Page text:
Looking for best programming editors in Linux? If you ask the old school Linux users, their answer would be Vi, Vim, Emacs, Nano etc. But I am not talking about them. I am going to talk about new age, cutting edge, great looking, sleek and yet powerful, feature rich best open source code editors for Linux that would enhance your programming experience.
Best modern Open Source editors for Linux
I use Ubuntu as my main desktop and hence I have provided installation instructions for Ubuntu based distributions. But this doesn’t make this list as best text editors for Ubuntu because the list is apt for any Linux distribution. Just to add, the list is not in any particular priority order.
Brackets is an open source code editor from Adobe. Brackets focuses exclusively on the needs of web designers with built in support for HTML, CSS and Java Script. It’s light weight and yet powerful. It provides you with inline editing and live preview. There are plenty of plugins available to further enhance your experience with Brackets.
To install Brackets in Ubuntu and Ubuntu based distributions such as Linux Mint, you can use this unofficial PPA:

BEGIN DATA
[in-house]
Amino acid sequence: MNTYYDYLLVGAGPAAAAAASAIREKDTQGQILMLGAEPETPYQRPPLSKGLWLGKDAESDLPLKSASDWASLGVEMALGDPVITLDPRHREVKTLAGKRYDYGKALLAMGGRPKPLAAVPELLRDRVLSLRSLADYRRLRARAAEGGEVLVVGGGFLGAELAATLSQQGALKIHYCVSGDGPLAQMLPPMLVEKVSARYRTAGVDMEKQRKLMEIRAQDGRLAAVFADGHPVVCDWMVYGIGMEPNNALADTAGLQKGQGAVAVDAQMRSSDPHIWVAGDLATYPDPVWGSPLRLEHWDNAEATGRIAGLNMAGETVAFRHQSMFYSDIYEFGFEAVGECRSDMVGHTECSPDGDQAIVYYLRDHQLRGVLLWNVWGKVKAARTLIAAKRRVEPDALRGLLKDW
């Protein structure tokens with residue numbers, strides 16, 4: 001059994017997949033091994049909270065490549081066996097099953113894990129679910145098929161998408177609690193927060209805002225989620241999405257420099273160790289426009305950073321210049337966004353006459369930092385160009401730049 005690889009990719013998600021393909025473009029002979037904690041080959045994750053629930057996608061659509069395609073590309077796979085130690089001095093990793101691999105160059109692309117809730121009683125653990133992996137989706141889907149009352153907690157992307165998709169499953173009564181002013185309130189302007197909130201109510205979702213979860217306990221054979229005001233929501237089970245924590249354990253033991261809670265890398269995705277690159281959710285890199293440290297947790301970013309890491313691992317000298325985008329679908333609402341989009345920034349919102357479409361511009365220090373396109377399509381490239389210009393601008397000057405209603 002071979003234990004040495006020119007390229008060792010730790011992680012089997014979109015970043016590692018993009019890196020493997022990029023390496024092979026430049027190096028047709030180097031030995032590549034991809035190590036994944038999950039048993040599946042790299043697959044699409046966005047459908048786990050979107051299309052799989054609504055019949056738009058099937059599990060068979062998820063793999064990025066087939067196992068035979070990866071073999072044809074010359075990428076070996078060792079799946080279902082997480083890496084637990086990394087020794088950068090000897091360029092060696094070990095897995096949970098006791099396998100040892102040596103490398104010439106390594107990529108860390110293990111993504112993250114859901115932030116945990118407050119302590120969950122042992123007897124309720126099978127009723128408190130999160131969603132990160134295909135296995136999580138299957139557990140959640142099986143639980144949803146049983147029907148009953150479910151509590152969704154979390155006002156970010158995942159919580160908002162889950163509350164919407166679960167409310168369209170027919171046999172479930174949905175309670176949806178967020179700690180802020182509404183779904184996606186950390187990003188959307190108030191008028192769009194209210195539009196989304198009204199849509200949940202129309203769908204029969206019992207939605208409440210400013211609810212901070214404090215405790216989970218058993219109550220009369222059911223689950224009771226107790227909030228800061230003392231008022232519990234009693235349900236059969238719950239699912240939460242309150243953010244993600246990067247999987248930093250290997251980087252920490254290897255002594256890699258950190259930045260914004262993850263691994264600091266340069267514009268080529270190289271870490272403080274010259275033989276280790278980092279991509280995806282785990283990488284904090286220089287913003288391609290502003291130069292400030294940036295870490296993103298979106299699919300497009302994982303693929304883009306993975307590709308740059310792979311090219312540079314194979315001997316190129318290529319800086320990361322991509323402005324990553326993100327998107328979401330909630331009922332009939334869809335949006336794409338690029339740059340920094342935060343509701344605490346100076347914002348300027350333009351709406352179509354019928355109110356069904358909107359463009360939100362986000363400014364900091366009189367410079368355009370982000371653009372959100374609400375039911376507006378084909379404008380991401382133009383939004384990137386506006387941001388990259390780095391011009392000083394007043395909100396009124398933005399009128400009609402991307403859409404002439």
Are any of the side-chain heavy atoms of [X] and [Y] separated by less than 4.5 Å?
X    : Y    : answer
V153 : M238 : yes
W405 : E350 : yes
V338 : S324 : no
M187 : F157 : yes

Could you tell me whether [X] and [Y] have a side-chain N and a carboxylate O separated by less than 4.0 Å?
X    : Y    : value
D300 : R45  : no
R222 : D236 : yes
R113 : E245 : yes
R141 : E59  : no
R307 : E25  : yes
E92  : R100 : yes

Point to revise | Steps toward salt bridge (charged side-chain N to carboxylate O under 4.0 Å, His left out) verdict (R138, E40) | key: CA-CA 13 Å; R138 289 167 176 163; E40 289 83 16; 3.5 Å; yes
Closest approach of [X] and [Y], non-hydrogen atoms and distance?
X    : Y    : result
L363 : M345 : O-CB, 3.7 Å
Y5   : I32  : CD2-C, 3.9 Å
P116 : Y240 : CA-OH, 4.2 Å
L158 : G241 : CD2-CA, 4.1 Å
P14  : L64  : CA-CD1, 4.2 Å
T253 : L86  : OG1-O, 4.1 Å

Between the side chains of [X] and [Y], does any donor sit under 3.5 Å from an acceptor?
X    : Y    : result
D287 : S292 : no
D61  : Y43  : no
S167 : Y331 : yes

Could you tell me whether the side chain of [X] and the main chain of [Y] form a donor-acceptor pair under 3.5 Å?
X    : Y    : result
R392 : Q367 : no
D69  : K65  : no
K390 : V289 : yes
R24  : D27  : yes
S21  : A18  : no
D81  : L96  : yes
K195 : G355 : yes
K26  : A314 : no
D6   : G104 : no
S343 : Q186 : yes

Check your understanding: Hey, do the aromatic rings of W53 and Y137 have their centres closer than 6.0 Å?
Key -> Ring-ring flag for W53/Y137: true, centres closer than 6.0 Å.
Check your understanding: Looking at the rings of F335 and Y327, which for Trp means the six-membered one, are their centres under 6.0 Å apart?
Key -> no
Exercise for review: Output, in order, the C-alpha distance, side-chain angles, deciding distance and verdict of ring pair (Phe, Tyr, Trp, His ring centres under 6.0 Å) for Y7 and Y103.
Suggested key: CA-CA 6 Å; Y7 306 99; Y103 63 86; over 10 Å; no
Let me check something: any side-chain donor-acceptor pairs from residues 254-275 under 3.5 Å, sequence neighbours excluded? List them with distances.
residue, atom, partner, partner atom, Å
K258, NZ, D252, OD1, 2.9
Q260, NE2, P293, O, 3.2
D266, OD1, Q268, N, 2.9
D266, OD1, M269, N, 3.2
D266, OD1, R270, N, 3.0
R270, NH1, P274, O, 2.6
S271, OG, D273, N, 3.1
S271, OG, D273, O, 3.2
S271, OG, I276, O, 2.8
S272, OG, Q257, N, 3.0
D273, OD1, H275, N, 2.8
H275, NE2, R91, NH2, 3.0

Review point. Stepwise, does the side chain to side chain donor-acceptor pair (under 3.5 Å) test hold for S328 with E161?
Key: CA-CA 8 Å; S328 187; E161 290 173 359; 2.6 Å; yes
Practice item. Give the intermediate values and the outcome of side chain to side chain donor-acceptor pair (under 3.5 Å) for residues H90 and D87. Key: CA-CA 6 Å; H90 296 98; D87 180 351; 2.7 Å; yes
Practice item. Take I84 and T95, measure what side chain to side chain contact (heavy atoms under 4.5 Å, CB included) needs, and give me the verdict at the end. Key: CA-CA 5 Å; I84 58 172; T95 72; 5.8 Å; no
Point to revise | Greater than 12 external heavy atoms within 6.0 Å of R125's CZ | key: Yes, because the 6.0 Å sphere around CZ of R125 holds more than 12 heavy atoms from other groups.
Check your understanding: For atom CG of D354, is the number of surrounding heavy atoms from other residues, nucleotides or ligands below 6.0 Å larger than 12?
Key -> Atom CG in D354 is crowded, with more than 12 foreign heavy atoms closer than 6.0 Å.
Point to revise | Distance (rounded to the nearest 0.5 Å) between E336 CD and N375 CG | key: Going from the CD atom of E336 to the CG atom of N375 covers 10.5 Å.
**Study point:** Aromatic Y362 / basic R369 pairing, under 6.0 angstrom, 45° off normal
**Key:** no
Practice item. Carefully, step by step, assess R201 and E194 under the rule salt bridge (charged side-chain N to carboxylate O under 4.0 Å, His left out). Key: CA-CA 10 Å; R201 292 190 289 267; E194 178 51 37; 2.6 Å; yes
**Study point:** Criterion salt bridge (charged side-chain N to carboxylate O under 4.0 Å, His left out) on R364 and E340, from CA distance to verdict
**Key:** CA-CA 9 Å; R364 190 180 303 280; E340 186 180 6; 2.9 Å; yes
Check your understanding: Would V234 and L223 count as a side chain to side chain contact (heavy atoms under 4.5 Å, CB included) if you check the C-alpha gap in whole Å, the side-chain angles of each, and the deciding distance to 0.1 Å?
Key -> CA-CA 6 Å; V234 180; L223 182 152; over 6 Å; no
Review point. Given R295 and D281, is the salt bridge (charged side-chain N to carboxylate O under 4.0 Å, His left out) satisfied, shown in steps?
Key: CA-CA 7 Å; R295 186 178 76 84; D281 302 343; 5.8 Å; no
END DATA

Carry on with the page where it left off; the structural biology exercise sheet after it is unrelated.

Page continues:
sudo add-apt-repository ppa:webupd8team/brackets sudo apt-get update sudo apt-get install brackets
For other Linux distributions, you can get the source code as well as binaries for Linux, OS X and Windows on its website.
Atom is another modern and sleek looking open source editor for programmers. Atom is developed by Github and promoted as a “hackable text editor for the 21st century”. The looks of Atom resembles a lot like Sublime Text editor, a hugely popular but closed source text editors among programmers.
Atom has recently released .deb and .rpm packages so that one can easily install Atom in Debian and Fedora based Linux distributions. Of course, its source code is available as well.
So you like Sublime Text editor but you are not comfortable with the fact that it is not open source. No worries. We have an open source clone of Sublime Text, called Lime Text. It is built on Go, HTML and QT. The reason behind cloning of Sublime Text is that there are numerous bugs in Sublime Text 2 and Sublime Text 3 is in beta since forever. There are no transparency in its development, on whether the bugs are being fixed or not.
So open source lovers, rejoice and get the source code of Lime Text from the link below:
Flaunted as “the next generation code editor”, Light Table is another modern looking, feature rich open source editor which is more of an IDE than a mere text editor. There are numerous extensions available to enhance its capabilities. Inline evaluation is what you would love in it. You have to use it to believe how useful Light Table actually is.
What’s your pick?
No, we are not limited to just four code editors in Linux. The list was about modern editors for programmers. Of course, you have plenty of other options such as Notepad++ alternative Notepadqq or SciTE and many more. So, among these four, which one is your favorite code editor for Linux?